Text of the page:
It seems he also found himself awed into silence, as he adds, “As much as I love music, this time, it was enjoyable to soak up the sounds of nature around me.” As a musician himself, he lives with music, so this is saying quite a bit; but on this inward looking quest, he came to feel in stride with the beat of another rhythm entirely. It would feel sacrilege to plug the earphones, hooked to an IPod; thus, instead, some silence…until the moment when the world starts to sing along.
Soon, the elements of nature on the ride were the most striking experiences. When trying to convey the beauty of nature, he says, “I like being in touch with the darkness as it slowly comes down. The sunrise too, with its quick cracking of light on the horizon, the cold wind breathing down my neck, the opposites switching and imposing a shift as constant as the gears on the bike.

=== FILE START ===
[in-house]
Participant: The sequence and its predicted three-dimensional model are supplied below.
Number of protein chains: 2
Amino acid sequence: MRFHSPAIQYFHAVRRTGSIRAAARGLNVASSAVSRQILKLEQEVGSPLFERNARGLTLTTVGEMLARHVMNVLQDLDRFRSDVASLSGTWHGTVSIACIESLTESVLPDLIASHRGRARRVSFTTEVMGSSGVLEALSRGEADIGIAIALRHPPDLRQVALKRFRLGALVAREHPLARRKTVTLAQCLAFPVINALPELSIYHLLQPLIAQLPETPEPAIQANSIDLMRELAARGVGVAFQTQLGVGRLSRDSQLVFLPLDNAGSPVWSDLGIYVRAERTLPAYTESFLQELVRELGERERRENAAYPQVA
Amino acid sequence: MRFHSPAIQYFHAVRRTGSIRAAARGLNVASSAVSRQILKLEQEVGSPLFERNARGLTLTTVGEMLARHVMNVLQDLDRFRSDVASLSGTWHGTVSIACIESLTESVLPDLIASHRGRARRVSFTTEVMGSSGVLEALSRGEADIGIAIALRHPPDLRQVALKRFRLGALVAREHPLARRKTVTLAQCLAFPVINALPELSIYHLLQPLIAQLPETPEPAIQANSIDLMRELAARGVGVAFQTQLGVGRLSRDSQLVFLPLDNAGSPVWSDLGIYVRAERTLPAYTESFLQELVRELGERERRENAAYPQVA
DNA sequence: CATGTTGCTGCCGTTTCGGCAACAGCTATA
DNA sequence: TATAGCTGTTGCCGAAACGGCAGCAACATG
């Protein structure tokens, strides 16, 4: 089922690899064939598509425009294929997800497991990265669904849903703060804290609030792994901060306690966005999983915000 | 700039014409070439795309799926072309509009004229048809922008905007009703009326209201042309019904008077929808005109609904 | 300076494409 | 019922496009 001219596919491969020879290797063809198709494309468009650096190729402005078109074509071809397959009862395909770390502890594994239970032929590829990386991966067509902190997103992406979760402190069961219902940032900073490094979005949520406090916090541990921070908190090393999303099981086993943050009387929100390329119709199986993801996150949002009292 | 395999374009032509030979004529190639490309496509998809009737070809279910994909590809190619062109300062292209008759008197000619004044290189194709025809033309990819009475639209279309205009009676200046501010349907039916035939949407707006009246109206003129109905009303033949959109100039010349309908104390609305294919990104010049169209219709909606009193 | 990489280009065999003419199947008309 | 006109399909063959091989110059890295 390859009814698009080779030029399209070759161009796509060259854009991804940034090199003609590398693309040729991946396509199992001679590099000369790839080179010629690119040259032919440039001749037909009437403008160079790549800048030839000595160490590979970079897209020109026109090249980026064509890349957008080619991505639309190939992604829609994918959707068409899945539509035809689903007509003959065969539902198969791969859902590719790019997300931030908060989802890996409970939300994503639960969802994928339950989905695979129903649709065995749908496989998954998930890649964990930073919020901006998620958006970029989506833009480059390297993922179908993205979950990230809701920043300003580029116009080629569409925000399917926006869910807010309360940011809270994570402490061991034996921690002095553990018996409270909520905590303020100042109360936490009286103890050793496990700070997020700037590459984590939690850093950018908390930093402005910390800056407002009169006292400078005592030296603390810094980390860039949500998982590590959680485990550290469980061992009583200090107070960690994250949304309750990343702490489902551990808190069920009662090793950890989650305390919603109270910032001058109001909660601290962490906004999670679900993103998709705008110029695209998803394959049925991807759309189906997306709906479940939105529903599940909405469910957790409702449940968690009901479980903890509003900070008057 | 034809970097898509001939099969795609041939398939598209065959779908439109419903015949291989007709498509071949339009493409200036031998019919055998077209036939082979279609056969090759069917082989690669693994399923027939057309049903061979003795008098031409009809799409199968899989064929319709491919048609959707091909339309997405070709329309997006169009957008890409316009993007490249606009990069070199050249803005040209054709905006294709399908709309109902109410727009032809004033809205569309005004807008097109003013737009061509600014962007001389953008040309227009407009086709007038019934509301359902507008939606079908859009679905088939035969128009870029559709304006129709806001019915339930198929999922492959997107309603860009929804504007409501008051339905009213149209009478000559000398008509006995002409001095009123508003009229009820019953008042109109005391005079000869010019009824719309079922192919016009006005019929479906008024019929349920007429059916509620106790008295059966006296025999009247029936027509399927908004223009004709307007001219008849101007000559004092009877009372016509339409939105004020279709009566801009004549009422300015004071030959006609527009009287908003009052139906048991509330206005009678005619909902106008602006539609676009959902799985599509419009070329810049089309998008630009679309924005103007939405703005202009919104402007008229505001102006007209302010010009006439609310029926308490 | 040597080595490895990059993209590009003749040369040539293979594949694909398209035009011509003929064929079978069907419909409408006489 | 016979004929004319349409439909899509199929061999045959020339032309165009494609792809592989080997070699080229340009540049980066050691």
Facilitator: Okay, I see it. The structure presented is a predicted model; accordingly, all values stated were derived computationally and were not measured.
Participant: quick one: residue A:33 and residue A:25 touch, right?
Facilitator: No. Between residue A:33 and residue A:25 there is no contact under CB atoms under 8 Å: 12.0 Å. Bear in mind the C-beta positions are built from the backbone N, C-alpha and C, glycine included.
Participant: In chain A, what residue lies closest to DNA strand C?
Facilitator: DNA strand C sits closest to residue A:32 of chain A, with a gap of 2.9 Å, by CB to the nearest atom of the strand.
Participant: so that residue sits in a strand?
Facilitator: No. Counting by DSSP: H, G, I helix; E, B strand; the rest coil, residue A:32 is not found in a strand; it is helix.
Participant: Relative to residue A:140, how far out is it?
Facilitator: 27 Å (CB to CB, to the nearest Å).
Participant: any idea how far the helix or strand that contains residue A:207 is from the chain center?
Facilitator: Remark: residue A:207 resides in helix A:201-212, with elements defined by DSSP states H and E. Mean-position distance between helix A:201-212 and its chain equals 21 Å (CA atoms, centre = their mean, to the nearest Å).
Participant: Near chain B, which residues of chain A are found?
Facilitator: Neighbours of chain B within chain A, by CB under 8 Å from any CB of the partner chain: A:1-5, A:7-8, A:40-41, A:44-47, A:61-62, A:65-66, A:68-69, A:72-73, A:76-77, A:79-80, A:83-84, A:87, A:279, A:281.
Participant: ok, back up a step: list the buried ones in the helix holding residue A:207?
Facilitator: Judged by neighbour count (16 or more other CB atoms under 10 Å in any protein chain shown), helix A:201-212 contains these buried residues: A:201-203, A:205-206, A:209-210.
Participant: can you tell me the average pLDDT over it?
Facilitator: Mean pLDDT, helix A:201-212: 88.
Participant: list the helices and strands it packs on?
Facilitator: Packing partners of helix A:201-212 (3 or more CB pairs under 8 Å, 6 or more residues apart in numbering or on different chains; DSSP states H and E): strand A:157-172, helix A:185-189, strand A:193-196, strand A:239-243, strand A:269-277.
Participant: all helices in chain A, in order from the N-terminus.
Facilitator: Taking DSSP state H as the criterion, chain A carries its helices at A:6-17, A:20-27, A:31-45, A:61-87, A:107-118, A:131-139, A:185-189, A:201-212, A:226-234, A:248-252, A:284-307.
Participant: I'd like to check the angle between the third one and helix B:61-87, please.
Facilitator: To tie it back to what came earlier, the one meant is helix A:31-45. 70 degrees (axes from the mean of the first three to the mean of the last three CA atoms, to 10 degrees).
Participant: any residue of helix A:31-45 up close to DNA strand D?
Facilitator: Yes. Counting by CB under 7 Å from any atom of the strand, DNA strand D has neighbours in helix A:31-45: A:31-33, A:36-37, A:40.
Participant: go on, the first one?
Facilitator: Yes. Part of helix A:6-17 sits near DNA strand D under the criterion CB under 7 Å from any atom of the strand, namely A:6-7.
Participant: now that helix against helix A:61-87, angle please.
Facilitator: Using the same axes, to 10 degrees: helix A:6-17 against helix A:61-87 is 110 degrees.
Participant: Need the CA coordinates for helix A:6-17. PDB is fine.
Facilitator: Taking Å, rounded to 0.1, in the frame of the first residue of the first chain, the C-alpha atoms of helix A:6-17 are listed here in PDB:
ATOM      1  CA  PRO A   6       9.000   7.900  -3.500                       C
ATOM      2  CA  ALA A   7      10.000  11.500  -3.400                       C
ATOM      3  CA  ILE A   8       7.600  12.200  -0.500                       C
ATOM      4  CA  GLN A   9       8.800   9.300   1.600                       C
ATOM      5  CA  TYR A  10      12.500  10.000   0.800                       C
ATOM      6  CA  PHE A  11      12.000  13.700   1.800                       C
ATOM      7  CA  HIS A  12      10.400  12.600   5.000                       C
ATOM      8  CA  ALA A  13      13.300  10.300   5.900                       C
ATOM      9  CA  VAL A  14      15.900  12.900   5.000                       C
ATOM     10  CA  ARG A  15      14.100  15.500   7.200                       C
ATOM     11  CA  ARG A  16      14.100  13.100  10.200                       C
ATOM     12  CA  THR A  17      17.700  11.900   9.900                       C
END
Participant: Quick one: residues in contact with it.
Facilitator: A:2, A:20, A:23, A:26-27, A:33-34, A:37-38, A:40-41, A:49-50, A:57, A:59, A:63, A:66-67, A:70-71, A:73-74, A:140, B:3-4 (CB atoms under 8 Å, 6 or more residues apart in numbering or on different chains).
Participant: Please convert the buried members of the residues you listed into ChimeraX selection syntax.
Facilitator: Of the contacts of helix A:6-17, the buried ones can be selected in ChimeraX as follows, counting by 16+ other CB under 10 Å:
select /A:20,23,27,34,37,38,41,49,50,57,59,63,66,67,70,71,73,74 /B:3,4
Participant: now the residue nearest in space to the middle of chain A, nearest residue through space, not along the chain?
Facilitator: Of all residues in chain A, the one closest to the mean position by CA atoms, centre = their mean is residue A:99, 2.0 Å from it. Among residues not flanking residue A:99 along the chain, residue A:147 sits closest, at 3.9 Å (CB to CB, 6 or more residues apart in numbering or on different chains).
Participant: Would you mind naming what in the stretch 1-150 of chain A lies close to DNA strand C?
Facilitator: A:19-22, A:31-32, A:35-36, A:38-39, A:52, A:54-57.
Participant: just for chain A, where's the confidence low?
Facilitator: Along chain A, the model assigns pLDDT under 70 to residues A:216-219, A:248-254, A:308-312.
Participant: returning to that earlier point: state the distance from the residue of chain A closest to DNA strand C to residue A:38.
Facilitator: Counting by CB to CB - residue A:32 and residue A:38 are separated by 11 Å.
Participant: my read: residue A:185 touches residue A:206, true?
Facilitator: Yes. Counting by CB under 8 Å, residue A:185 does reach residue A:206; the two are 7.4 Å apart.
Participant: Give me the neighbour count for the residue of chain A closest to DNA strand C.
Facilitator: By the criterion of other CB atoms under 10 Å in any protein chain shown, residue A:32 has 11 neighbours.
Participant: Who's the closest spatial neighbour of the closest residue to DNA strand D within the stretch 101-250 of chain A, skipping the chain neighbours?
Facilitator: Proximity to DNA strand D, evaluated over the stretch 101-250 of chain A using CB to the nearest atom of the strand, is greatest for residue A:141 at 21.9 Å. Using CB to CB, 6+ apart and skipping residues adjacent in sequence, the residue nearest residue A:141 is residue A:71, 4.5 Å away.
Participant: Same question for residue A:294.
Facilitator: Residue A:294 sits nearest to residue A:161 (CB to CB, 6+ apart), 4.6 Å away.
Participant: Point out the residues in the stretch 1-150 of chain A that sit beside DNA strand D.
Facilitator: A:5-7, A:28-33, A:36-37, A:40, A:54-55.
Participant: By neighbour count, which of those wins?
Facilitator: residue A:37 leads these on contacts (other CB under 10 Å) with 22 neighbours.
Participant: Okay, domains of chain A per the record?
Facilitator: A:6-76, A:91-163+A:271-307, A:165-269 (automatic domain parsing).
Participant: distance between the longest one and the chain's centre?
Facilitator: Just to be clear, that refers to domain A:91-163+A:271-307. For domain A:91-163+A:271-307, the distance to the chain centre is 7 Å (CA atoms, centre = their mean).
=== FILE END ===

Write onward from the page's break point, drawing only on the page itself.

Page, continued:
“Staying alive” is the motive behind many decisions and issues made on a bike in the wilderness. Still, the anticipation of problems can alleviate the pressure of potential accidents significantly. But, how much can you anticipate the risks of an unknown road: a narrow path, an abrupt cliff, curves without enough leeway to manage a heavy bike, a truck coming from the other side, no lights at night, climbing a mountain with no room to feel comfortable, no one to call for help, no phone reception? It is a constant presence to have to push oneself beyond their fears. Making the decision that will move the bike a few kilometers, or a few inches or to stop to prevent a further bigger issue, are just some of the small things you can do no matter the road you are on. Sometimes to carry on at all may seems reckless and insane; yet one must press on.